Wednesday, April 13, 2016

the way it works

by Charles Bukowski
(who must be, in some important way,
Denny Zappin’s spiritual doppelgänger)

she came out at 9:30 a.m. in the morning
and knocked on the manager’s door:
“my husband is dead!”
they went to the back of the building together
and the process began:
first the fire dept. sent two men
in dark shirts and pants
in vehicle #27
and the manager and the lady and the
two men went inside as she

he had knifed her last April and
had done 6 months for that.

the two men in dark shirts came out
got in their vehicle
and drove away.

then two policeman came.
then a doctor (he probably was there to
sign the death certificate).

I became tired of looking out the
window and began to
read the latest issue of
The New Yorker.

when I looked again there was a nice
sensitive-looking gray-haired gentleman
walking slowly up and down the
sidewalk in a dark suit.
then he waved in a black
hearse which
drove right up on the lawn and stopped
next to my porch.

two men got out of the hearse
opened up the back
and pulled a gurney with 4
wheels. they rolled it to the back of the
building, when they came out again he was in a
black zipper bag and she was in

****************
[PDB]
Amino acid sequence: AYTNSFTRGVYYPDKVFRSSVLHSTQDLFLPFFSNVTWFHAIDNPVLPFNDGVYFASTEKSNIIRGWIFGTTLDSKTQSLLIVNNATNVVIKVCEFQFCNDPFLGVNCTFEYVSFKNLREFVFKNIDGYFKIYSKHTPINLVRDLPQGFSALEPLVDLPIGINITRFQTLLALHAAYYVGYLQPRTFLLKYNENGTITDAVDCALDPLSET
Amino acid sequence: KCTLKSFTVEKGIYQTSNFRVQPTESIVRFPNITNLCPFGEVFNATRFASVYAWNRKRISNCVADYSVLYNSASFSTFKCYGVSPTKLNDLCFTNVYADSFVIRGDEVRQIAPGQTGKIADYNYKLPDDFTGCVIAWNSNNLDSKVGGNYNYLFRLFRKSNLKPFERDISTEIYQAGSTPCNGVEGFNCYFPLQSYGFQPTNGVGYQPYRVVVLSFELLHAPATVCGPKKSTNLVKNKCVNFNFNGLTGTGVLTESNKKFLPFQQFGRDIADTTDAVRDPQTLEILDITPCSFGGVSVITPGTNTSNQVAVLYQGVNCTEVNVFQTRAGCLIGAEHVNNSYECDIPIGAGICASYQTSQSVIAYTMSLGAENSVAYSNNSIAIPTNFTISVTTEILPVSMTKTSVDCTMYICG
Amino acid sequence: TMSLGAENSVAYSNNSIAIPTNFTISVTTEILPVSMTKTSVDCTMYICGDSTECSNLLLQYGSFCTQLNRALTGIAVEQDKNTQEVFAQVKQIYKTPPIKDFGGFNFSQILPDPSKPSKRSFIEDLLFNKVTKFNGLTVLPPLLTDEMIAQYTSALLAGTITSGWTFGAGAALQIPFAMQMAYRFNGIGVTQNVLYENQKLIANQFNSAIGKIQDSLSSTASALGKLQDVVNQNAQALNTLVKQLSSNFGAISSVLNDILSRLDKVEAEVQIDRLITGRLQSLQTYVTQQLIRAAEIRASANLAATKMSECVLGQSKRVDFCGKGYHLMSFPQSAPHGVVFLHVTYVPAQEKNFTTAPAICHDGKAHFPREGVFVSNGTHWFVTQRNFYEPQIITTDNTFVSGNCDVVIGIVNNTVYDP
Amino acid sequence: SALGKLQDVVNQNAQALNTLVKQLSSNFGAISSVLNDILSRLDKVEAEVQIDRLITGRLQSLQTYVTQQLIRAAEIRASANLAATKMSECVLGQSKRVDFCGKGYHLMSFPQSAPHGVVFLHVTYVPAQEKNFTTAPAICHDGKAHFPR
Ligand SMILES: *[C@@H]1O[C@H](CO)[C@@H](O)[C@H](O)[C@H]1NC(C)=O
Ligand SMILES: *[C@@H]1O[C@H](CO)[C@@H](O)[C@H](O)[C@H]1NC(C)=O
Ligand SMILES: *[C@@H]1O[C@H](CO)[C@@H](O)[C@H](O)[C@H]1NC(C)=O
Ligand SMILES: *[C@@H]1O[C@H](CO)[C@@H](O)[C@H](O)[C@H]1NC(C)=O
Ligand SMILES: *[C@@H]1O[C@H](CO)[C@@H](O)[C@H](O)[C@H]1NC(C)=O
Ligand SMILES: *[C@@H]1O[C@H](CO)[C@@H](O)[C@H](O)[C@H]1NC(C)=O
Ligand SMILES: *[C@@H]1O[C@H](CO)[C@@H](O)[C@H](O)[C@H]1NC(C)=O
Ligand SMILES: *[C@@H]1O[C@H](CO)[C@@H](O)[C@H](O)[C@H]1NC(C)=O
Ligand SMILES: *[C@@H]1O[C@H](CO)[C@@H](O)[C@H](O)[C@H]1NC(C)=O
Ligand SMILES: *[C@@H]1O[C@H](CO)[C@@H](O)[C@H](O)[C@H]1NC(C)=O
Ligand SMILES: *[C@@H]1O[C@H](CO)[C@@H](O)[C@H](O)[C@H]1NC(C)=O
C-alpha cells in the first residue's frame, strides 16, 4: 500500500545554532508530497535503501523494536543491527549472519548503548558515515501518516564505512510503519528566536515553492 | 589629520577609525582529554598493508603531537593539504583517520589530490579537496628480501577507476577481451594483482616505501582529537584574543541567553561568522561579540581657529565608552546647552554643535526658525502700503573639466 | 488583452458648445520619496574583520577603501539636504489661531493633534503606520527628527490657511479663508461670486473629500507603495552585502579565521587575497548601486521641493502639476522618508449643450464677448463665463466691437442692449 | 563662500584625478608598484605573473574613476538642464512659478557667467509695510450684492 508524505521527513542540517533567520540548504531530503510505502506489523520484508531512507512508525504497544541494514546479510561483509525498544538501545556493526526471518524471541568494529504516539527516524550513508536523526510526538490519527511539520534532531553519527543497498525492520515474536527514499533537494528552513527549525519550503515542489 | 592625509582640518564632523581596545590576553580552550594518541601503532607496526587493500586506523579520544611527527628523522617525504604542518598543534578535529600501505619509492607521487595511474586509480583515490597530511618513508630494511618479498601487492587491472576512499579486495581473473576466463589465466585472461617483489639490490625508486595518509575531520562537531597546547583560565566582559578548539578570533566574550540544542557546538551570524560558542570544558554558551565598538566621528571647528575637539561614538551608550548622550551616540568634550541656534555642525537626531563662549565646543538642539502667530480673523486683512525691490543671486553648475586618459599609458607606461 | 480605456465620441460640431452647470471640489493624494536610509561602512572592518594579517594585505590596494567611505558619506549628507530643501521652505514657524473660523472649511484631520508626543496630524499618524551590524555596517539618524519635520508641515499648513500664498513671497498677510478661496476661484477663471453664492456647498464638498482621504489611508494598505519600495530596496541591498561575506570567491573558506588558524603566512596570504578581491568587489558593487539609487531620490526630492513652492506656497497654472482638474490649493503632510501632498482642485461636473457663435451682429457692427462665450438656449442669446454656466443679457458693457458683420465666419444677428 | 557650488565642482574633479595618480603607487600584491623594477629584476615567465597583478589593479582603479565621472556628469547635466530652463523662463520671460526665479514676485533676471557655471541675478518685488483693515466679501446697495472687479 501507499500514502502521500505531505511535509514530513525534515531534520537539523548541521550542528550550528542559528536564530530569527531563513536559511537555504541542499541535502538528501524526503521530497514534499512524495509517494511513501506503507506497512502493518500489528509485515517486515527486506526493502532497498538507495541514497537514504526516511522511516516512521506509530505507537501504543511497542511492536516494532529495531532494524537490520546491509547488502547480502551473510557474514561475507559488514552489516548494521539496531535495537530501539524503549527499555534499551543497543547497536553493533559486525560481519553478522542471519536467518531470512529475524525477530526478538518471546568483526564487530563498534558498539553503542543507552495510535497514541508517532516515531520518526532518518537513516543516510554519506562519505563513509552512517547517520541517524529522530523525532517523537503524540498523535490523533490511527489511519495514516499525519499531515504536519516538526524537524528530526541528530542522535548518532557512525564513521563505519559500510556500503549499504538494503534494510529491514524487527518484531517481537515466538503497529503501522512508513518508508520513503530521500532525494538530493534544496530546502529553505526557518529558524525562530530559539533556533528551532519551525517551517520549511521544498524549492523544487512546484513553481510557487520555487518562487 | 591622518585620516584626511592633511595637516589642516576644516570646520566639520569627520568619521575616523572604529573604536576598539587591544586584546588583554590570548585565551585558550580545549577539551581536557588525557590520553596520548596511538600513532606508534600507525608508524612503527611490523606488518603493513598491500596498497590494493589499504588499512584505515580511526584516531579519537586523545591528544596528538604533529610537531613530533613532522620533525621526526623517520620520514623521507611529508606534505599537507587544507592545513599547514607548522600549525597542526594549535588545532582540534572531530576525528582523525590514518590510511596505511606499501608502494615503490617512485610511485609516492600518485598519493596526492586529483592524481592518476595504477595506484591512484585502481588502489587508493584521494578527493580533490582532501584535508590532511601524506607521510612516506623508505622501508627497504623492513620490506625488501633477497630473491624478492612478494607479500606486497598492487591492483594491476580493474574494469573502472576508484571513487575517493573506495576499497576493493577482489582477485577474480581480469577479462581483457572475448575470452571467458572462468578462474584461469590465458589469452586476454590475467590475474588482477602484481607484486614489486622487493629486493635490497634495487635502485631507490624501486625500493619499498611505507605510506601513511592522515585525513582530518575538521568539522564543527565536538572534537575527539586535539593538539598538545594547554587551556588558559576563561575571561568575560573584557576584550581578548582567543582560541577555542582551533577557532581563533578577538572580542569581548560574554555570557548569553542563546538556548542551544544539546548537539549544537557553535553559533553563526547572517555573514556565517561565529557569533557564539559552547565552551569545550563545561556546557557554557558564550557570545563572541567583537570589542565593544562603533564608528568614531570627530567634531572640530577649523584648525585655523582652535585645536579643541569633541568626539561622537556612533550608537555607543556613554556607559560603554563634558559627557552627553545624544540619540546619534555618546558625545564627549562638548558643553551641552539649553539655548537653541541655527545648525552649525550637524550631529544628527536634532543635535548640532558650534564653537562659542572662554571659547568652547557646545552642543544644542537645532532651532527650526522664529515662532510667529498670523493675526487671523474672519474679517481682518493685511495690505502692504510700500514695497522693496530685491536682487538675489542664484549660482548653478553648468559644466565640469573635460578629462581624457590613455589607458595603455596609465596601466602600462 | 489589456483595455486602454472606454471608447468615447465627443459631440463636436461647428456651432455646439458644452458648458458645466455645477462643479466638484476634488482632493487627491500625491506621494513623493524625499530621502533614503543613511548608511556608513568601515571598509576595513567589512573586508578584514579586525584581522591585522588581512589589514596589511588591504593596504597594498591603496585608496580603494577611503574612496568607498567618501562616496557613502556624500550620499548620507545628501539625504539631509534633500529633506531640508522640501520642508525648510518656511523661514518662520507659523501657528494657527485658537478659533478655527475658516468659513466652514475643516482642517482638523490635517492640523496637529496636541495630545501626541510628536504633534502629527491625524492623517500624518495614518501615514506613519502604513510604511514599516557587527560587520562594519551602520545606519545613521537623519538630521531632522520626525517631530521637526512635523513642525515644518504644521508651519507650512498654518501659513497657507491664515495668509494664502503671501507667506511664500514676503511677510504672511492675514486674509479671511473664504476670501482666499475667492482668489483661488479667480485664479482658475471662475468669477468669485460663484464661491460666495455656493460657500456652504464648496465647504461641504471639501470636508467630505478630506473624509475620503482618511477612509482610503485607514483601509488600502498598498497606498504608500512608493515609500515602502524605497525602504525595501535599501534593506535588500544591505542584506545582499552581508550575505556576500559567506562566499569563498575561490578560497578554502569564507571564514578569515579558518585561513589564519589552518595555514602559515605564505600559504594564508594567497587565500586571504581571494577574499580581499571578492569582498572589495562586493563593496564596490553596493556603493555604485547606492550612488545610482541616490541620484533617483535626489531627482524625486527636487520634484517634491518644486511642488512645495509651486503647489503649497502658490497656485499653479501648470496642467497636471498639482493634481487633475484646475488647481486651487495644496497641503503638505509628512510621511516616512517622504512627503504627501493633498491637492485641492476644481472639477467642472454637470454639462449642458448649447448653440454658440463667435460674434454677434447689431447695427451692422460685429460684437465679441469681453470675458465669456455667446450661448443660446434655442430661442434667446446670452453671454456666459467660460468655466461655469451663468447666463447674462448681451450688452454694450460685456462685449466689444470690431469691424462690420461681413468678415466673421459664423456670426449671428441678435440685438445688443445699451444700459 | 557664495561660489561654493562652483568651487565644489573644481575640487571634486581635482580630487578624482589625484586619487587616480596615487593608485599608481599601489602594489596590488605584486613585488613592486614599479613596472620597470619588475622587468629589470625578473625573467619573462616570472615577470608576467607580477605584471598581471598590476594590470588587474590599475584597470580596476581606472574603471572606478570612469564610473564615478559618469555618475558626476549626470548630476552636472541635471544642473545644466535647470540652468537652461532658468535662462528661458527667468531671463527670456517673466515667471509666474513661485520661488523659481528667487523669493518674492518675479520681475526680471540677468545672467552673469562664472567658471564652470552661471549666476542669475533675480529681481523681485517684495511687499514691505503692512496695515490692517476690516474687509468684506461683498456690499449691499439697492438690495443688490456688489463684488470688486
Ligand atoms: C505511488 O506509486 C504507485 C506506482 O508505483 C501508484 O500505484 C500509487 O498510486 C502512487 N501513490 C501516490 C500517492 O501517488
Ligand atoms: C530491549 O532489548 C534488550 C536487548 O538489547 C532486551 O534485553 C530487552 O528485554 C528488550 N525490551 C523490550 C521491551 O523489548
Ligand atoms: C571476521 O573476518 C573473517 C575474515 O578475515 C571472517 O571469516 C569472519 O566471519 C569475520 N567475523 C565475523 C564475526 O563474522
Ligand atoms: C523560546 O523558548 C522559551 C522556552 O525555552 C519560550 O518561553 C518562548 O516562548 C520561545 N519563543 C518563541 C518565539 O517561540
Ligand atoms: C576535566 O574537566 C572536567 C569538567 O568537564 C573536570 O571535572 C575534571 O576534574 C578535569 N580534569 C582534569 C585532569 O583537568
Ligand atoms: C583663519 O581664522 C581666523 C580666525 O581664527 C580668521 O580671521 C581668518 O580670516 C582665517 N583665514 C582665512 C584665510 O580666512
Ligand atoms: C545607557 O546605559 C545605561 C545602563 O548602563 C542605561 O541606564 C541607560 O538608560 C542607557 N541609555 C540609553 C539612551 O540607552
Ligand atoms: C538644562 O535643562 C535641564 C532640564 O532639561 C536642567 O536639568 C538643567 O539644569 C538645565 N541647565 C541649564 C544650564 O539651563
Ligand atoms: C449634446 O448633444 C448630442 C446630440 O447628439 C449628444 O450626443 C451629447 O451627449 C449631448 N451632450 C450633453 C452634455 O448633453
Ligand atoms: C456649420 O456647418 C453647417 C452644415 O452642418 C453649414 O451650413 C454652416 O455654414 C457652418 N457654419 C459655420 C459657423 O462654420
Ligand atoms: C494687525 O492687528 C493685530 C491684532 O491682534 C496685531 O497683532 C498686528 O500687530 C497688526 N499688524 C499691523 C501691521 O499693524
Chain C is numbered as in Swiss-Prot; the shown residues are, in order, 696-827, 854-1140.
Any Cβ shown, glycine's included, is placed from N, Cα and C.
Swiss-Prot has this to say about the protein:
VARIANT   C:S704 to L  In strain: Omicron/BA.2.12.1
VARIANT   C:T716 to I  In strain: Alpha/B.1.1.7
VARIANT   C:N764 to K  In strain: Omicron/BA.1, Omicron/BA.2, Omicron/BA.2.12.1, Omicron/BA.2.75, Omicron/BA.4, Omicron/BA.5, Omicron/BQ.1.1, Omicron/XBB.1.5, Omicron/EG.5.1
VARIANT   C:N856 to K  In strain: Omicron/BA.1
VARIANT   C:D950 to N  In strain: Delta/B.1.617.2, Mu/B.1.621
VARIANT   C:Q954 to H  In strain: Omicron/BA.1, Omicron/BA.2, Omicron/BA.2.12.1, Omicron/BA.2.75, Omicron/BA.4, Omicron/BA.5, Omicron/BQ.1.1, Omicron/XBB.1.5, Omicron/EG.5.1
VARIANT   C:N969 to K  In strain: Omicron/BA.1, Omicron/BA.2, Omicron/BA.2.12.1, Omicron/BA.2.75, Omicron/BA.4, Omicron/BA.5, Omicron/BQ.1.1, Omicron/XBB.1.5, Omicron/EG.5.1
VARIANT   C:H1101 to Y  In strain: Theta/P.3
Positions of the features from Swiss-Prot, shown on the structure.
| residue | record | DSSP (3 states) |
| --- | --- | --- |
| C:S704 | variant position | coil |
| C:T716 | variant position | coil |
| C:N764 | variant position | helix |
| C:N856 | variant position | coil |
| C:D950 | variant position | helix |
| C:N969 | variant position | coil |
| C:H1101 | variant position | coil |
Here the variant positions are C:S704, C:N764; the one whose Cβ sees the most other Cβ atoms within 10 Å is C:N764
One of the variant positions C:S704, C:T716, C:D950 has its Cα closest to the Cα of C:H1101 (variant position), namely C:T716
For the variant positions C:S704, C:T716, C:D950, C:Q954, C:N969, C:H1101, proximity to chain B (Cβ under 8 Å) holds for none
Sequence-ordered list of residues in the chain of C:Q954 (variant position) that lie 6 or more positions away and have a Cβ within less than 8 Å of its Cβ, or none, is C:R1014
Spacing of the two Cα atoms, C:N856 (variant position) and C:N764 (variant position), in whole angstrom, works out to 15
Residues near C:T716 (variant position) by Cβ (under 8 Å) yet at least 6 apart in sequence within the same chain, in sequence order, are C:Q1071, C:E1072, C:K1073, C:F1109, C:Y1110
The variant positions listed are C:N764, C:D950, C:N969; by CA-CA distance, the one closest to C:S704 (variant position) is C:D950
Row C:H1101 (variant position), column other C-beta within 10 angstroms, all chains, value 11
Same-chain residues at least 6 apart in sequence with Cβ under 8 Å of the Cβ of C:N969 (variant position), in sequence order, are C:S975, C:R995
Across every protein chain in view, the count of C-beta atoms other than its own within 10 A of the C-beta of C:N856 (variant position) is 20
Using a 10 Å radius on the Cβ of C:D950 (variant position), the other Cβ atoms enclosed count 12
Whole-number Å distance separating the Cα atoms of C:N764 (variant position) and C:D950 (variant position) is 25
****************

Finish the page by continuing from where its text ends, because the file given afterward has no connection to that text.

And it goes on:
obvious distress.
they put him in the
hearse and walked back to
her apartment and went inside

I had to take out my laundry and
run some other errands.
Linda was coming to visit and
I was worried about her seeing that
hearse parked next to my porch.
so I left a note pinned to my door
that said: Linda. Don’t worry.
I’m ok. and
then I took my dirty laundry to my car and
drove away.

when I got back the hearse was gone and
Linda hadn’t arrived yet.
I took the note from the door and
went inside.

well, I thought, that old guy in back
he was my age and
we saw each other every day but
we never spoke to one another.

now we wouldn’t have to.

Charles Bukowski died in 1994. If he were alive, and I had an opportunity to speak with him, I would point out an error (perhaps Bukowski’s, perhaps his editor) in the third stanza, which goes like this:

“the two men in dark shirts came out
got in their vehicle
and drove away.”

I think it’s clear from reading the rest of the poem is that most of the time, when Bukowski can put his articles (a, an, some, the) and conjunctions (and, but, etc.) at the end of a line, rather than at the beginning of the next one, he does so.

If one recites this poem out loud and deemphsizes the “thes,” “ands,” and “buts” at the end of each line, the poem tends to tumble forward conversationally, the importance of and separate impact of each action is diminished, and one gets that the speaker observes events around him through a haze that reflects his idiosyncratic understanding of his own mortality.

I’m betting that Bukowski meant to write the stanza this way:

“the two men in dark shirts came out
got in their vehicle and
drove away.”

Of course, the reader who is not prepared to accept my analysis might respond that in three instances in the very first paragraph Bukowski begins three lines with “ands” rather than putting them at the tail end of the line before. What, the skeptical reader might ask, do you make of that?

Nothing, nothing, I’d mutter and
stare off into the
middle distance until
I could see a
distraction of some sort rising up.